Are you helping to pay for your child's college education? If so, you might want to talk with your child about your expectations. A new study reveals that some students getting their parents' financial help are slacking off academically. >>
Two Boston gender experts are challenging beliefs that boys and girls learn and behave differently because of brain structure, and must therefore be taught differently. They argue that our culture creates stereotypes that lead to these differences. >>
You might want to think twice about pulling your kids out of school for a family vacation. Educators are strongly discouraging it, citing class time that's hard to make up and the burden placed on teachers asked for makeup work. >>
About 100 people, including children, die of allergic reactions in the U.S. each year, and epinephrine is amazingly effective in preventing this. The EpiPen is easy to use – learn how so that you too can prevent food allergy deaths. >>
Part 2 of our interview with Michael K. Yudin, assistant secretary for the Office of Special Education and Rehabilitative Services at the U.S. Department of Education discusses education for children with special needs. >>
Profoundly gifted kids have different, but very real, special needs. Intellectually advanced kids can have trouble making friends and, if not challenged at school, can become bored and disruptive. Here's what you can do to help them thrive. >>
If your child has asthma, the school environment can often exacerbate his or her condition. Here, from the Boston Public Health Commission, are some great tips to help your child breathe a little easier this school year. >>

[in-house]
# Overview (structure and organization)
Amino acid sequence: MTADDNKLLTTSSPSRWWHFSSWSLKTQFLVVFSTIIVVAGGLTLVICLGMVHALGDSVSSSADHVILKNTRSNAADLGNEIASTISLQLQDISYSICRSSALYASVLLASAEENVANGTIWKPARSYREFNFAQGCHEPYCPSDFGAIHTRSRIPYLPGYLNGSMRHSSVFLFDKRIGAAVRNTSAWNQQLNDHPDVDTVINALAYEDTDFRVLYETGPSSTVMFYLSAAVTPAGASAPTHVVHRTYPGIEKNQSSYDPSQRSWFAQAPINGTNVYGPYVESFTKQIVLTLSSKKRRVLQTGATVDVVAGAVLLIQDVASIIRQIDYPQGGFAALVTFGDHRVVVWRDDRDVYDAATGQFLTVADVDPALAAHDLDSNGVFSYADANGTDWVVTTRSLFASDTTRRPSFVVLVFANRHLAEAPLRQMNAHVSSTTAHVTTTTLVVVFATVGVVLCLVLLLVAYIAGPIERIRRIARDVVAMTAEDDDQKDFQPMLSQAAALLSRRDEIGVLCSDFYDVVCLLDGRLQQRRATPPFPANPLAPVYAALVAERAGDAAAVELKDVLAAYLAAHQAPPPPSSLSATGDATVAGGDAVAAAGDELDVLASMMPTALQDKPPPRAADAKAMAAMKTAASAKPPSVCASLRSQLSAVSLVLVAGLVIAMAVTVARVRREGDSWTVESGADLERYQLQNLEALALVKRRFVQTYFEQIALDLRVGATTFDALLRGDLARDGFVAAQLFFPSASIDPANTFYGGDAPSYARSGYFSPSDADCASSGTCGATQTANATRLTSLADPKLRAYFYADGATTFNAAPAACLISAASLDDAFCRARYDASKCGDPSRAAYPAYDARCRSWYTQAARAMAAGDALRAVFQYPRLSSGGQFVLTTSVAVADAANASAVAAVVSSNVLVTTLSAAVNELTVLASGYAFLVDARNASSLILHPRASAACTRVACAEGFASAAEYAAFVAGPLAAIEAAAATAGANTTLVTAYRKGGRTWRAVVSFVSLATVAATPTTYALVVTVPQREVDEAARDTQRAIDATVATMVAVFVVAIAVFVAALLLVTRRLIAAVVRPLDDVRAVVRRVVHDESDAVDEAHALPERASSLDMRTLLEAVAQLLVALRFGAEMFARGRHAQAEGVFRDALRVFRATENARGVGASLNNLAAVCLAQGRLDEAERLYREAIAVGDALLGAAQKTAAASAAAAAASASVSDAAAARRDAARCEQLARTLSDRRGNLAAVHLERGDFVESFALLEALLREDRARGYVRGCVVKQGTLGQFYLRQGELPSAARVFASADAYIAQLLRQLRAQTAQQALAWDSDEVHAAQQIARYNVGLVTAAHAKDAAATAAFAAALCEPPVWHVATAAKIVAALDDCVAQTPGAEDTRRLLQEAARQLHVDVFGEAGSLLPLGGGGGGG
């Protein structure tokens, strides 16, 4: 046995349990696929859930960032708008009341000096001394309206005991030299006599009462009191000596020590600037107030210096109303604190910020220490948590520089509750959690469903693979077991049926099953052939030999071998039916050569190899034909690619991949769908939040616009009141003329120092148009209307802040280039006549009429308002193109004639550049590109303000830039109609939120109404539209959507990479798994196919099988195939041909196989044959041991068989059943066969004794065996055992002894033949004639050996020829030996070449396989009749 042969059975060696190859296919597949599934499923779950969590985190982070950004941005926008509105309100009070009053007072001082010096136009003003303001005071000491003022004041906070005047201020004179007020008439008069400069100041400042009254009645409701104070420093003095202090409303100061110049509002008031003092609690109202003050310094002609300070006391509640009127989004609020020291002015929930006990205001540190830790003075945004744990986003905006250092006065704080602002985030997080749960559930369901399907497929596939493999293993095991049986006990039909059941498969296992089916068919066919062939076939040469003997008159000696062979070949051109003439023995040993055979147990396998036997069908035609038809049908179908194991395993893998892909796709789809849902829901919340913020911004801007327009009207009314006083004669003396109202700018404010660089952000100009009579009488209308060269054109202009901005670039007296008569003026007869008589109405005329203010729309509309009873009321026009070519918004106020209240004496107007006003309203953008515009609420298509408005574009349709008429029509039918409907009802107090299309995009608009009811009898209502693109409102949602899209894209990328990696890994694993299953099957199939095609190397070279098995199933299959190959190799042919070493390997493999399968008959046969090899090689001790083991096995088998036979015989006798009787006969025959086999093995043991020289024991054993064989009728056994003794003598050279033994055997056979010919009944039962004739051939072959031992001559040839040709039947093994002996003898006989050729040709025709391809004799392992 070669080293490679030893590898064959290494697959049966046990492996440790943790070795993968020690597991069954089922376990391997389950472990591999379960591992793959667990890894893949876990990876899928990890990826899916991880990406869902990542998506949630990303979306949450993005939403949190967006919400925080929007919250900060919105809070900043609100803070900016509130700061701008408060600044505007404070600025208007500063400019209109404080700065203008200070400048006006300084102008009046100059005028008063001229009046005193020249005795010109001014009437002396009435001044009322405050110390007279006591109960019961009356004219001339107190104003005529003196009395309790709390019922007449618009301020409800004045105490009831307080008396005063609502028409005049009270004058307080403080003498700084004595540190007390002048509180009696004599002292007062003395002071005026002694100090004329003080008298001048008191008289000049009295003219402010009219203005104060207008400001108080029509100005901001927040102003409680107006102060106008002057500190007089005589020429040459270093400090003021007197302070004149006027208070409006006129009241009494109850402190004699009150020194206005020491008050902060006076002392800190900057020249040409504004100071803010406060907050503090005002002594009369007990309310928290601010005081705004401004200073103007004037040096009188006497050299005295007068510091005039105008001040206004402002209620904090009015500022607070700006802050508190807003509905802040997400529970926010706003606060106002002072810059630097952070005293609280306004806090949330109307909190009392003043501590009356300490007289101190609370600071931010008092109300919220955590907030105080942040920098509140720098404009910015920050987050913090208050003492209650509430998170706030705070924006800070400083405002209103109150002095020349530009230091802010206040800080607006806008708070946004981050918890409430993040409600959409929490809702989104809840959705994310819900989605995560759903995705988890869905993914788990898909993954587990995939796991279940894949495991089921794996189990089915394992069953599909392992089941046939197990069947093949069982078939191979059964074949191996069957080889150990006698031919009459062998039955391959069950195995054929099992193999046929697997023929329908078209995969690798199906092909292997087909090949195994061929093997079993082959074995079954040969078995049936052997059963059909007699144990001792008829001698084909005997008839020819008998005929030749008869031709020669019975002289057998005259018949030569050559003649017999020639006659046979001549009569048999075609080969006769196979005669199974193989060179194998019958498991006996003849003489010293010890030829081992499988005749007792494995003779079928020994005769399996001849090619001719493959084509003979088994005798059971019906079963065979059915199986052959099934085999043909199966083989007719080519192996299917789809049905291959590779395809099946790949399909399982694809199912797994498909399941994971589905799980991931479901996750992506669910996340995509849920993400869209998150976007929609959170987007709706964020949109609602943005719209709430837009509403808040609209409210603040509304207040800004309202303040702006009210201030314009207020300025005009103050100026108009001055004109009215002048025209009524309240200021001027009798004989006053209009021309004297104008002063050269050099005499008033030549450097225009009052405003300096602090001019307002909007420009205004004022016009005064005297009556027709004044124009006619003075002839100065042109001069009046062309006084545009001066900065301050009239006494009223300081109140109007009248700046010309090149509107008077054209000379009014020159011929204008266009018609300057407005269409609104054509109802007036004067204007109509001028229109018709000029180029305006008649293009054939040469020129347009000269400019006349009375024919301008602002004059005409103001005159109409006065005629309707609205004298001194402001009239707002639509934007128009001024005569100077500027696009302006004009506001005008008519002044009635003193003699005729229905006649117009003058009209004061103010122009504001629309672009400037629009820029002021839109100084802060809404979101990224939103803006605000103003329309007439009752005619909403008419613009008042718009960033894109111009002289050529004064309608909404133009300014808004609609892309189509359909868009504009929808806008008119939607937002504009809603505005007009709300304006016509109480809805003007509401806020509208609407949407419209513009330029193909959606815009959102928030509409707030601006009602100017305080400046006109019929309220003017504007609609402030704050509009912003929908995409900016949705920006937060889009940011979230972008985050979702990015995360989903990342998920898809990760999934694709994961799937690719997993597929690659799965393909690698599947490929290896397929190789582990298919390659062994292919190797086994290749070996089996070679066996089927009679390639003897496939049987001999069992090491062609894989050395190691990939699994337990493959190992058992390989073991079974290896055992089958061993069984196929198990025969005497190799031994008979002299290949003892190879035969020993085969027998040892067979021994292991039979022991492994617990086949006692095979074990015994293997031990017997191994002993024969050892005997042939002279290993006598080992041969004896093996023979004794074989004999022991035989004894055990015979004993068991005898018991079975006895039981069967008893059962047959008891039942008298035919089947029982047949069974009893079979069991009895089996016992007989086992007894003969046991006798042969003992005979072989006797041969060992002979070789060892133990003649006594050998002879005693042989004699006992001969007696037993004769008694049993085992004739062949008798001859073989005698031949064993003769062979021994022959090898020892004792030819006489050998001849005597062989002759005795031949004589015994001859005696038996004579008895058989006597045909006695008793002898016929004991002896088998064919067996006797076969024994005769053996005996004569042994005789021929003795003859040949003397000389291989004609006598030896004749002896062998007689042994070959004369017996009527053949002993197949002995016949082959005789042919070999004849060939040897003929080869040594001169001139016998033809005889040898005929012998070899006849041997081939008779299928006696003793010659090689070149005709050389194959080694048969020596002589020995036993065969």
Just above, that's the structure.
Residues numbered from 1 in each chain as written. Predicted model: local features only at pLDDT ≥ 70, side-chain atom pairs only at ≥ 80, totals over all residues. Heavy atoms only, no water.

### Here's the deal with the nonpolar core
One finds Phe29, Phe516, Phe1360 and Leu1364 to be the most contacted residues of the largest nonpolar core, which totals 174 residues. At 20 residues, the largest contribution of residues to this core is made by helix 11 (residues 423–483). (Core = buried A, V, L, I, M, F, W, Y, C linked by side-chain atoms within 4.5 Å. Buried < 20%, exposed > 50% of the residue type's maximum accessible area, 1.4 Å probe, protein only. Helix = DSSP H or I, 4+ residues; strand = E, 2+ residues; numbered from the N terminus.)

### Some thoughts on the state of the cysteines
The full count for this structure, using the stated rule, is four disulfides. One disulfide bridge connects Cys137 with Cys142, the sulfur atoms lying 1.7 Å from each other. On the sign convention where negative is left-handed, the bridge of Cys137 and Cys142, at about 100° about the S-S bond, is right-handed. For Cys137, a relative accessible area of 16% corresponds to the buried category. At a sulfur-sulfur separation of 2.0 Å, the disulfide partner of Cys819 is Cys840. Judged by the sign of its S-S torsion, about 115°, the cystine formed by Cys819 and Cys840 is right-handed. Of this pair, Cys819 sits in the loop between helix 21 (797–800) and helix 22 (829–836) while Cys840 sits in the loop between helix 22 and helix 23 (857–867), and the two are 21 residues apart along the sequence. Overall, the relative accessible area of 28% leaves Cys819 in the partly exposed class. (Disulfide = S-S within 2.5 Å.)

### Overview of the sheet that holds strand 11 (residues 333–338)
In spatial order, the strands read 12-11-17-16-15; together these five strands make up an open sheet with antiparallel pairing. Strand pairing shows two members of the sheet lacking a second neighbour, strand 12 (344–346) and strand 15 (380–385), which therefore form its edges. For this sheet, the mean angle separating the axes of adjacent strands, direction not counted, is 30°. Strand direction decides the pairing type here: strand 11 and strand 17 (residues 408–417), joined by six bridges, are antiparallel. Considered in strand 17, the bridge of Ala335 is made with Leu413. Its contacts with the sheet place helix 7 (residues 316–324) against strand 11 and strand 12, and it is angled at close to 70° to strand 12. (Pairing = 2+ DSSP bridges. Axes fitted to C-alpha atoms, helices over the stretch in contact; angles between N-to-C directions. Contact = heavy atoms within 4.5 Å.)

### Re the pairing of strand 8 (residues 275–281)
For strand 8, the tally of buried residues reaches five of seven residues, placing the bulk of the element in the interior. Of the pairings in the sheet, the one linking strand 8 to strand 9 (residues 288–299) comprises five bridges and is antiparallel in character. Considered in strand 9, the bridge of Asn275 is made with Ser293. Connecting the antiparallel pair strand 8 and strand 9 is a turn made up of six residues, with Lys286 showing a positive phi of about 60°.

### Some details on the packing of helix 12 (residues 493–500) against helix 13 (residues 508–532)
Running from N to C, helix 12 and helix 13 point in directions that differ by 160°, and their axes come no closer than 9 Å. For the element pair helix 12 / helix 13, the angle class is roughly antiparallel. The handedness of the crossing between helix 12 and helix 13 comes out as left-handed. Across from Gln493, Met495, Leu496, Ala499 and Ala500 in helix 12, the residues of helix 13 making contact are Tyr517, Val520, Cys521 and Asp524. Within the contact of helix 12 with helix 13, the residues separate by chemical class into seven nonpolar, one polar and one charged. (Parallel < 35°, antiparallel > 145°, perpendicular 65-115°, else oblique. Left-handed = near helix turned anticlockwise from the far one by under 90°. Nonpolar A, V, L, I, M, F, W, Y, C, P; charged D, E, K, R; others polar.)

Our 2011 National Parenting Publications Awards for Parenting Resources feature books, gear, web sites and more to make your parenting lives easier. Here, we list the 20 gold-winning products. For all of this year's winners, visit NAPPAawards.com. >>
A survey of American adults reveals a lot of misunderstanding about learning disabilities, including beliefs that these disorders can be caused by a poor diet, watching too much TV or even childhood vaccines. >>
Are new or expectant parents like politicians? Boston Parents Paper humor columnist Steve Calechman explores the similarities and takes on one campaign promise that he doubts presidential candidates can keep – keeping college tuition affordable. >>
Even if you have no background in classical music, it's easy to expose your kids and your family to the likes of Bach, Beethoven and Mozart. Follow these five tips from conductors and music educators. >>
Summer is all about fun – but why can't it also include some learning? Bring your family to any or all of these local Massachusetts attractions and combine a lot of fun with a little history lesson! >>
Thank you for raising awareness about the need for foster parents in Massachusetts. As an organization that also provides Intensive Foster Care, The Home for Little Wanderers has found that many people are unaware of the different types of foster care. We encourage anyone who is interested to learn more. Every child deserves a safe and loving home.
This topic has occupied my mind for years! Thank you for starting a movement that parents so desperately need! It is difficult for young parents to NOT get caught up in the overscheduled lifestyle. No well-meaning parent wants their child to miss any opportunity for healthy enrichment, but too much is counterproductive! Although my children are teenagers now, I would have LOVED to hear your words of wisdom when my family craved downtime!